But after the president’s statement on marriage, prominent gay activists predicted that the White House could expect more energized support from the gay and lesbian community and its supporters.

At first glance, the president enjoys an overwhelming fundraising advantage against his presumptive GOP challenger Mitt Romney. According to the most recent reports, Obama has $104.1 million cash on hand versus $10.1 million for Mr. Romney. But in recent months, support from Wall Street donors has swung sharply to Romney, according to the Center for Responsive Politics – a shift that could prove significant if the race tightens in the fall.

(Unlike Romney, Obama did not face a tough primary, yet has already spent $89.8 million in his reelection bid, compared with $76.5 million in spending for Romney through March 31, the latest date for which figures are available.)

“The industry’s abandonment of Obama could hardly be more dramatic,” said the Center for Responsive Politics in a March 23 posting. “Wall Street’s preferred candidate in the 2008 race with more than $6 million in industry campaign contributions at this point in the cycle, [Obama] has received less than $2.6 million from the industry so far this time around.”

Los Angeles lawyer Dana Perlman, the cochair of Obama’s LGBT finance committee, told Reuters that he is already looking for a bigger venue for next month’s LGBT fundraiser, which had been planned for 700 people. “Everybody wants to do something,” he said.

“The president’s support of full marriage equality is something to be celebrated, and frankly, rewarded,” wrote lesbian activist and’s campaign director Julie Rosen, in a fundraising appeal e-mailed to some 7 million members on Thursday. “The best way to encourage the president to keep showing leadership and taking strong stands it to demonstrate how much his actions mean to you.”

“On a personal note, I can't tell you how deeply meaningful President Obama's statement was to me,” she added. “With my own big gay wedding only 24 days away, it's incredibly uplifting to know that President Obama supports my right to marry the love of my life. That's why for the first time since 2008, I pulled out my credit card and donated to his re-election. I hope you will join me.”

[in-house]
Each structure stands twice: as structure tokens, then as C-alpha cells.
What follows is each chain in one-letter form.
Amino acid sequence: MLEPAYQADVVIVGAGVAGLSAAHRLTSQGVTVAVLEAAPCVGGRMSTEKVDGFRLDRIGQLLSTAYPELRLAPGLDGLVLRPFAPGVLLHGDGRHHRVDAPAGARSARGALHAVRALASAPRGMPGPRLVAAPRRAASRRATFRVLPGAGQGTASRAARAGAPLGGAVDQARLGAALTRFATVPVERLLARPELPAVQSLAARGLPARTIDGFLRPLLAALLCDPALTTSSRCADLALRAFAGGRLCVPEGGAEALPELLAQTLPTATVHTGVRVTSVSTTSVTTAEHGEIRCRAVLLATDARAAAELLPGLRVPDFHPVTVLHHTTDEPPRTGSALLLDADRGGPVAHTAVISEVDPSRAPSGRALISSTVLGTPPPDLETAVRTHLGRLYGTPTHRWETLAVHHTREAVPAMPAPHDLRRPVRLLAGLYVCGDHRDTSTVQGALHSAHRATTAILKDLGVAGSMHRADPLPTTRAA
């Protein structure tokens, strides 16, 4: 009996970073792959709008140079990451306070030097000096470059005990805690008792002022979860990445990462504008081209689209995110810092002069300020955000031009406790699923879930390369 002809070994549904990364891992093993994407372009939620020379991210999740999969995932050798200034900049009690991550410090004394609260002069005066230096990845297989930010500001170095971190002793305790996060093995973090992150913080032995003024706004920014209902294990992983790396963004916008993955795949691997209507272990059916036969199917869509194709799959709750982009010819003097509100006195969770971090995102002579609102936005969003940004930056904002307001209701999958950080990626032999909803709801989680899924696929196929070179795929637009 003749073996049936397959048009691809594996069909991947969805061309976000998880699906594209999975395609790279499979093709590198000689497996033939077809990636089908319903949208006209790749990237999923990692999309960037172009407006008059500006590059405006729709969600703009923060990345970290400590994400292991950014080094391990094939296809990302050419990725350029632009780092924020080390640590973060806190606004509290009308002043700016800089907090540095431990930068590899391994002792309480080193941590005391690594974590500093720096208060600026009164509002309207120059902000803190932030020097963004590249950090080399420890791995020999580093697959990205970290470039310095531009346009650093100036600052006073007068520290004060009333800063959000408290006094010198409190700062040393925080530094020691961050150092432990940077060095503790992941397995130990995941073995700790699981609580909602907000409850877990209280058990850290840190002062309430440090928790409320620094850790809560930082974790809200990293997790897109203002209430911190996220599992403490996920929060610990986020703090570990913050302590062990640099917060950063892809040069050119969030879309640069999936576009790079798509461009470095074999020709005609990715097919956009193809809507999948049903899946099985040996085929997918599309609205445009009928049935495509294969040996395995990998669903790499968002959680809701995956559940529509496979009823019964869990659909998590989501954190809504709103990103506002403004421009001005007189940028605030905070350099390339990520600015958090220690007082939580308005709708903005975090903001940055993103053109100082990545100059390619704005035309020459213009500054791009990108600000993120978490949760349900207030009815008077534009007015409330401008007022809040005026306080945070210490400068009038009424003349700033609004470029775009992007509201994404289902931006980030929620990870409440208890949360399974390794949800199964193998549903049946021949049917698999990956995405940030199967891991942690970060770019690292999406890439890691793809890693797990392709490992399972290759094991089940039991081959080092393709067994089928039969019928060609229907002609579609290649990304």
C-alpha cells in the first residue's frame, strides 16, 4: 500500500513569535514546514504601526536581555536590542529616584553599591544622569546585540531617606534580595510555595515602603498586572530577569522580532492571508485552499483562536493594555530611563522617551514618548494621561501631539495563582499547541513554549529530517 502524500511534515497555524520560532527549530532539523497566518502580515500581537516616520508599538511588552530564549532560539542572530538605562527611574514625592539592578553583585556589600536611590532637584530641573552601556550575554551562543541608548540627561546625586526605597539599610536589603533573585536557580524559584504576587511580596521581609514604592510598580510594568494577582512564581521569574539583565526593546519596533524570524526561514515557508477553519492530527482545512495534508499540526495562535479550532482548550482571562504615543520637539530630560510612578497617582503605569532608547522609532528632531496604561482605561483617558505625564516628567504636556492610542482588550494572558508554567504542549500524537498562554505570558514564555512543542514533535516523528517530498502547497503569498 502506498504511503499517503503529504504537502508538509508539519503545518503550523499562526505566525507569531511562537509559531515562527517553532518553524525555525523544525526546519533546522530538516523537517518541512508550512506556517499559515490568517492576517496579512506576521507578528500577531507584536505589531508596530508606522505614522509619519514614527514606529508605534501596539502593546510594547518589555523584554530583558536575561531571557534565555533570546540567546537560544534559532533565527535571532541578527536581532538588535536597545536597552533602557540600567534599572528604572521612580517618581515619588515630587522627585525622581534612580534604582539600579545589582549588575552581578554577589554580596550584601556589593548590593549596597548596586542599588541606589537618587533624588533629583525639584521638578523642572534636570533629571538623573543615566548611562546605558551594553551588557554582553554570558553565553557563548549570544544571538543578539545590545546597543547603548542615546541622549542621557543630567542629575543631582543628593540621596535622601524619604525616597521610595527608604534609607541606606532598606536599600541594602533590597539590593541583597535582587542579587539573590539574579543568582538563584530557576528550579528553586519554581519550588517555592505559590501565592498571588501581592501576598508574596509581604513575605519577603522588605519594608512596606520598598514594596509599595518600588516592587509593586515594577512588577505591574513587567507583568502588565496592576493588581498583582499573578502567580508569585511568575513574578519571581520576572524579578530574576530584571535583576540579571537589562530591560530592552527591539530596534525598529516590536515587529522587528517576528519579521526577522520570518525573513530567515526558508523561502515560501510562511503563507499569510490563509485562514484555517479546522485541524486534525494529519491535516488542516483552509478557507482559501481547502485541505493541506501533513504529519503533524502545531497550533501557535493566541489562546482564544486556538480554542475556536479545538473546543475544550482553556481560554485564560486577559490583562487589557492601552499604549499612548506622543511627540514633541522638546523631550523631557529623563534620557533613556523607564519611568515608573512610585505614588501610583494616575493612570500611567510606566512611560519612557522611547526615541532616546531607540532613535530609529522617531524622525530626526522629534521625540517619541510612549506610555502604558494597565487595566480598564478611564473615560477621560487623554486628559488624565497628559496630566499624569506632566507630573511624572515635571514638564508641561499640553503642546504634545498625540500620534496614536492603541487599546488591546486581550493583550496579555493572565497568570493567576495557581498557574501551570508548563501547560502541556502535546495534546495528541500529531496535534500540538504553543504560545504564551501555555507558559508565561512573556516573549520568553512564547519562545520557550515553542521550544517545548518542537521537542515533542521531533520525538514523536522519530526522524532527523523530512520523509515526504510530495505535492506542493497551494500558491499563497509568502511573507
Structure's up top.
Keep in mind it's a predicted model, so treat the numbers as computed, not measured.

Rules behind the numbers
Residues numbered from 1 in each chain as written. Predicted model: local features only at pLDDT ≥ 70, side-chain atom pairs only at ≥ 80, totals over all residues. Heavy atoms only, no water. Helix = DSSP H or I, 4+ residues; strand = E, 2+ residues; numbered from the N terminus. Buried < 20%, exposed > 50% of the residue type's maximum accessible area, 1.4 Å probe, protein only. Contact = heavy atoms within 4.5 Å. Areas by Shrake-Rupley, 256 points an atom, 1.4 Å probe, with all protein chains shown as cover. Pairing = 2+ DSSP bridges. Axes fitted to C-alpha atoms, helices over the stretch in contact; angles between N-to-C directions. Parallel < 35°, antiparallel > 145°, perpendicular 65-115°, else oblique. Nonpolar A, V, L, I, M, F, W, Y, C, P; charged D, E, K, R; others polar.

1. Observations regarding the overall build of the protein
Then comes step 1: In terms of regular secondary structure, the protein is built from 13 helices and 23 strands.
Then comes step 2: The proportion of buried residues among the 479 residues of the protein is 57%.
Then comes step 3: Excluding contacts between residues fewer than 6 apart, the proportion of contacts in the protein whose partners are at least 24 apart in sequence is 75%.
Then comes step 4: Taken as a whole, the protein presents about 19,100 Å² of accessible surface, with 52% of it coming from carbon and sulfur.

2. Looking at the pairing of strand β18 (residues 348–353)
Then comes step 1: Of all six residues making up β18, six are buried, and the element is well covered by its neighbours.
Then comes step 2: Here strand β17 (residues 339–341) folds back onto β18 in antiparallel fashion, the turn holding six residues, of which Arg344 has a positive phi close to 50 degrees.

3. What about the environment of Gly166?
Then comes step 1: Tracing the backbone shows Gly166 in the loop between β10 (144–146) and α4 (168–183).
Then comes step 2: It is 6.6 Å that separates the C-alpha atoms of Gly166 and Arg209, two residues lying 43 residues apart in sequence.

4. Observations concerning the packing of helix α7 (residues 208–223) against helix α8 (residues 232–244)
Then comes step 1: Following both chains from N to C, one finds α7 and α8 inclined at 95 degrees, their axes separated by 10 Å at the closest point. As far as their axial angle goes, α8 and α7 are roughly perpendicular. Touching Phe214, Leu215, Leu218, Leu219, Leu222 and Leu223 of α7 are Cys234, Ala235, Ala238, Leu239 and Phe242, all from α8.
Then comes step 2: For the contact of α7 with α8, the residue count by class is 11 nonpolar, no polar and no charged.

Gay activist and Facebook cofounder Chris Hughes, who organized Obama’s online outreach in the 2008 campaign, calls the president’s shift on gay marriage, “energizing.”

“This is one of those issues that now a majority of Americans see as a basic civil rights issue,” he said in an interview on CBS’s “This Morning” on Thursday.

Meanwhile, the White House as well as House and Senate campaign committees immediately sent out fundraising appeals to help defend the president from a backlash from conservatives on gay marriage. The president sent out a mass e-mail to supporters explaining his decision to "affirm my personal belief that same-sex couples should be allowed to marry," and ending with a "please donate today."

The Democratic National Committee revised the entry page on its website to feature this message: "Same-sex couples should be able to get married. Stand up with the president." Then, this option: "I'm IN."

Pressed on whether fundraising was a factor in the president’s turnabout on gay marriage, House Democratic leader Nancy Pelosi of California – an early advocate for gay and lesbian issues in Congress – said no. “The statement that the president made yesterday was something that was the right thing to do for our country, filled my heart with joy,” she told reporters at a briefing on Thursday. “But I really dismiss the idea that this has anything to do with money,” she added. “I really do.”